Oct 8, 2009
Today I'm feeling philsophical and I love to observe human nature and ponder why we are what we are. I just came across this video featuring the CEO of JetBlue. Near the end I think he offers some very sage advice to travellers:
The rudest passengers in my experience are usually from the largest cities. Maybe it's a tendancy that evolves when the anonymity of the crowd shelters us from the consequences of our behaviour? For example, more than once I've been berated by a swellagantly-attired businessman because I chose to delay the morning departure due to icy runways and crosswinds at his destination. "I have an important business meeting today! You have to get me there! ..." To which my (unspoken) reply is: "If the meeting is that important, then why weren't you smart enough to fly over last night?"
Related to this rudeness is a total lack of awareness that in all competitions between humans and Mother Nature, Nature rules. Many big city dwellers have grown so unaware of our dependence upon nature that they think it's a personal affront when their lives are distrupted by snow, ice, wind, or thunderstorms.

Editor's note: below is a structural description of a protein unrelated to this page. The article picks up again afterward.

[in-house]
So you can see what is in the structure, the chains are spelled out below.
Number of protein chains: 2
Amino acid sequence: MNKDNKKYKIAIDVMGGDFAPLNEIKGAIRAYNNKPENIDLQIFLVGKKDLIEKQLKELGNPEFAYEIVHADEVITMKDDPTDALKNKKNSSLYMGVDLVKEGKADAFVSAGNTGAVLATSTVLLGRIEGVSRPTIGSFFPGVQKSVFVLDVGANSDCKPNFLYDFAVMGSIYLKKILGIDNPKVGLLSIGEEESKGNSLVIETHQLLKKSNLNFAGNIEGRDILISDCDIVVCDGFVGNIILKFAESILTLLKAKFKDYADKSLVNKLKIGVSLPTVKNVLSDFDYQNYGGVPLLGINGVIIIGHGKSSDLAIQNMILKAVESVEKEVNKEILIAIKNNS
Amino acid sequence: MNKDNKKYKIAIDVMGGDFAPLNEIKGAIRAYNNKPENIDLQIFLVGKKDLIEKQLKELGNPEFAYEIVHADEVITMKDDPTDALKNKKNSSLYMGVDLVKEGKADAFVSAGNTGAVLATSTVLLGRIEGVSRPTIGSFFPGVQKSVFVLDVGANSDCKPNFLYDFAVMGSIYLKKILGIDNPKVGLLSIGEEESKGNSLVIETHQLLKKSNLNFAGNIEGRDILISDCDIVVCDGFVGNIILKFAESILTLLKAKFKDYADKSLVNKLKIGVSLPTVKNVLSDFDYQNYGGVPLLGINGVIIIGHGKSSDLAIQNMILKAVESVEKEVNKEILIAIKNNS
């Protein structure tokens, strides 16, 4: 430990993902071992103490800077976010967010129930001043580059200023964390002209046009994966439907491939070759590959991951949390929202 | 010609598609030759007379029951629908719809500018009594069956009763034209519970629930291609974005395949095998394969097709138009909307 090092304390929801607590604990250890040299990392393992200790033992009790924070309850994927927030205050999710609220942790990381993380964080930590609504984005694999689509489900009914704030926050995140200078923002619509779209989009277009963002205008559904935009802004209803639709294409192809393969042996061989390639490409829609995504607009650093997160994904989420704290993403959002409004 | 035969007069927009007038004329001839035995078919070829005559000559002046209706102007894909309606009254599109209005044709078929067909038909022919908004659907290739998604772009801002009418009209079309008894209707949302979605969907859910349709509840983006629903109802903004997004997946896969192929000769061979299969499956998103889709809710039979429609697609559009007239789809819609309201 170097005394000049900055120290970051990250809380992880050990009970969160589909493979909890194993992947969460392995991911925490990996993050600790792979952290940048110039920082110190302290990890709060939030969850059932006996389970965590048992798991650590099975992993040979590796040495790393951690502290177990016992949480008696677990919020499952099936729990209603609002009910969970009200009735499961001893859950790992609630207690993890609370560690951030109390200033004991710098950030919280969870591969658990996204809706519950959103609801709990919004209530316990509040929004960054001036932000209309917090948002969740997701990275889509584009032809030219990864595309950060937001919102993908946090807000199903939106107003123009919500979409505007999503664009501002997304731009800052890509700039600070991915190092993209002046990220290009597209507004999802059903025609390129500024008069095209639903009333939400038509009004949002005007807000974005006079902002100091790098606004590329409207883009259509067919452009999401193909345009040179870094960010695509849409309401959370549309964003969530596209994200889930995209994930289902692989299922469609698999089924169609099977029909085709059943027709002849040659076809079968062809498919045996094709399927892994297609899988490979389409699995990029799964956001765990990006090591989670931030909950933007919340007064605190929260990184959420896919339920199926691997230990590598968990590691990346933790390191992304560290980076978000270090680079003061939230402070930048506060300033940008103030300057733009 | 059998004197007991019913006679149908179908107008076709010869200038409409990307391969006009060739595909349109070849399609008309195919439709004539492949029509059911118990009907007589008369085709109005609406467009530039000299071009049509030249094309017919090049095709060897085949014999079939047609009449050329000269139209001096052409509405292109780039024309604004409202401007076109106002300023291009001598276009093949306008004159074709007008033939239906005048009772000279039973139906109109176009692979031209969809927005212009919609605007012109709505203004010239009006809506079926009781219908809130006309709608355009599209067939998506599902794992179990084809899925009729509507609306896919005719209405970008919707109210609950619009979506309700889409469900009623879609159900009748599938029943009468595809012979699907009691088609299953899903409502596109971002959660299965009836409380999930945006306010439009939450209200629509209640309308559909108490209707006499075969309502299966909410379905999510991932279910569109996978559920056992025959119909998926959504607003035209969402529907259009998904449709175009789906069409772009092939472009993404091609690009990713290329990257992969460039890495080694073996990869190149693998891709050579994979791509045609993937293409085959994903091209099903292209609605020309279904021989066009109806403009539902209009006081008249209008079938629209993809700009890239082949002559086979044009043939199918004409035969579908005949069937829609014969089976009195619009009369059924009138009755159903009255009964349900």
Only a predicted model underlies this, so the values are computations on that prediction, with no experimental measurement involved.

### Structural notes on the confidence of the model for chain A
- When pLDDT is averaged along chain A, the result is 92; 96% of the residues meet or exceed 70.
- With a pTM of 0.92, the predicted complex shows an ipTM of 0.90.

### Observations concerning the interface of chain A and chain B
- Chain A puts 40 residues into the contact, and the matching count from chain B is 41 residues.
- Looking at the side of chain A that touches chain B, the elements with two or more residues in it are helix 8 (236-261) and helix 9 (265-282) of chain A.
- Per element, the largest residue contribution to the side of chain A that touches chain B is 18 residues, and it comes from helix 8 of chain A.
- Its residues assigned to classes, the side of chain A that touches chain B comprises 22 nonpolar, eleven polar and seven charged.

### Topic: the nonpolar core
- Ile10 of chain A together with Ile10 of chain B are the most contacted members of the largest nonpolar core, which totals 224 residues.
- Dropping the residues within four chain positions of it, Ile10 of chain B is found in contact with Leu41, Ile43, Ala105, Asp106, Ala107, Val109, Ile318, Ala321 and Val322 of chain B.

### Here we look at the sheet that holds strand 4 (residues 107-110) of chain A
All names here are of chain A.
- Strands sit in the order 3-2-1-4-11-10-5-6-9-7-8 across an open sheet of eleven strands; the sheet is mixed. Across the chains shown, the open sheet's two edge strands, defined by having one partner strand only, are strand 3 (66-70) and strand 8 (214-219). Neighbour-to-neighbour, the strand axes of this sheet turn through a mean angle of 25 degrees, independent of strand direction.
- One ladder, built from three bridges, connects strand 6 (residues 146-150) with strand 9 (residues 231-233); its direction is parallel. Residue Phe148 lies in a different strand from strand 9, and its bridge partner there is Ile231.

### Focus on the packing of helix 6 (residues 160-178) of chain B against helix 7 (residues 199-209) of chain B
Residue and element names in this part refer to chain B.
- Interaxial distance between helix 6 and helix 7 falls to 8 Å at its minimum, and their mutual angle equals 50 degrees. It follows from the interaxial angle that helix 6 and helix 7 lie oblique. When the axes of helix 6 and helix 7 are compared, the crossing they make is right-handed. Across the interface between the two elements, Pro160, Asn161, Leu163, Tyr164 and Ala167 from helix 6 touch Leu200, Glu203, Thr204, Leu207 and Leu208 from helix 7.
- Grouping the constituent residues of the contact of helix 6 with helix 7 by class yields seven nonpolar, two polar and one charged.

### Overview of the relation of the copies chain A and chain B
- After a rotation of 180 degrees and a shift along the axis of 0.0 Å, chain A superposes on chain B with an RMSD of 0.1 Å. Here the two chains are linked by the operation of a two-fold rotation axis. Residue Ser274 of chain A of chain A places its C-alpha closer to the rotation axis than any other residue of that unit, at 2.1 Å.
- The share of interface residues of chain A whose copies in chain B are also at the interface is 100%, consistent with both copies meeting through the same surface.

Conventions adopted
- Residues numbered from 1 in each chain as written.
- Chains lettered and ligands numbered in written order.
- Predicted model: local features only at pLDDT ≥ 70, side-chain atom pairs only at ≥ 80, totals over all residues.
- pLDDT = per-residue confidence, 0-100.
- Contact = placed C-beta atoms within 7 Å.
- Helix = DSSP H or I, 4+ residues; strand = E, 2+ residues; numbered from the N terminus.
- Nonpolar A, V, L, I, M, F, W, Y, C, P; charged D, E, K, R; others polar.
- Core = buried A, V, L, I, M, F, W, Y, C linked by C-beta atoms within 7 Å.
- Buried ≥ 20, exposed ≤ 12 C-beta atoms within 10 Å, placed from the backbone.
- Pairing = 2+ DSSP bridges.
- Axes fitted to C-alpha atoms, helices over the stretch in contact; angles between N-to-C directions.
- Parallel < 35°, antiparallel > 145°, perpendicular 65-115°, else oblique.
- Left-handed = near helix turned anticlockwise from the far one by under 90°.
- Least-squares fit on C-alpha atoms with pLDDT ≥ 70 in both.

Meanwhile passengers from maritime regions who earn a living from the sea or know someone who does - or passengers from the smaller prairie cities whose livelihood is closely attached to farming - have a different mentality. When informed of weather-related delays, their reaction is usually a shrug and a comment along the lines: "Well, you can't control the weather now, can you. I guess we'll get there when we get there."
Over the years as GooseAir passed off flights into smaller communities to the Feeder Airline, and my schedules became a steady diet of high density airspace and big cities, it was a true downgrade of working conditions in my book.
My conclusions from these meanderings? Be nice to one another. Be aware of the reality we all share. And always know that in the end, Nature rules.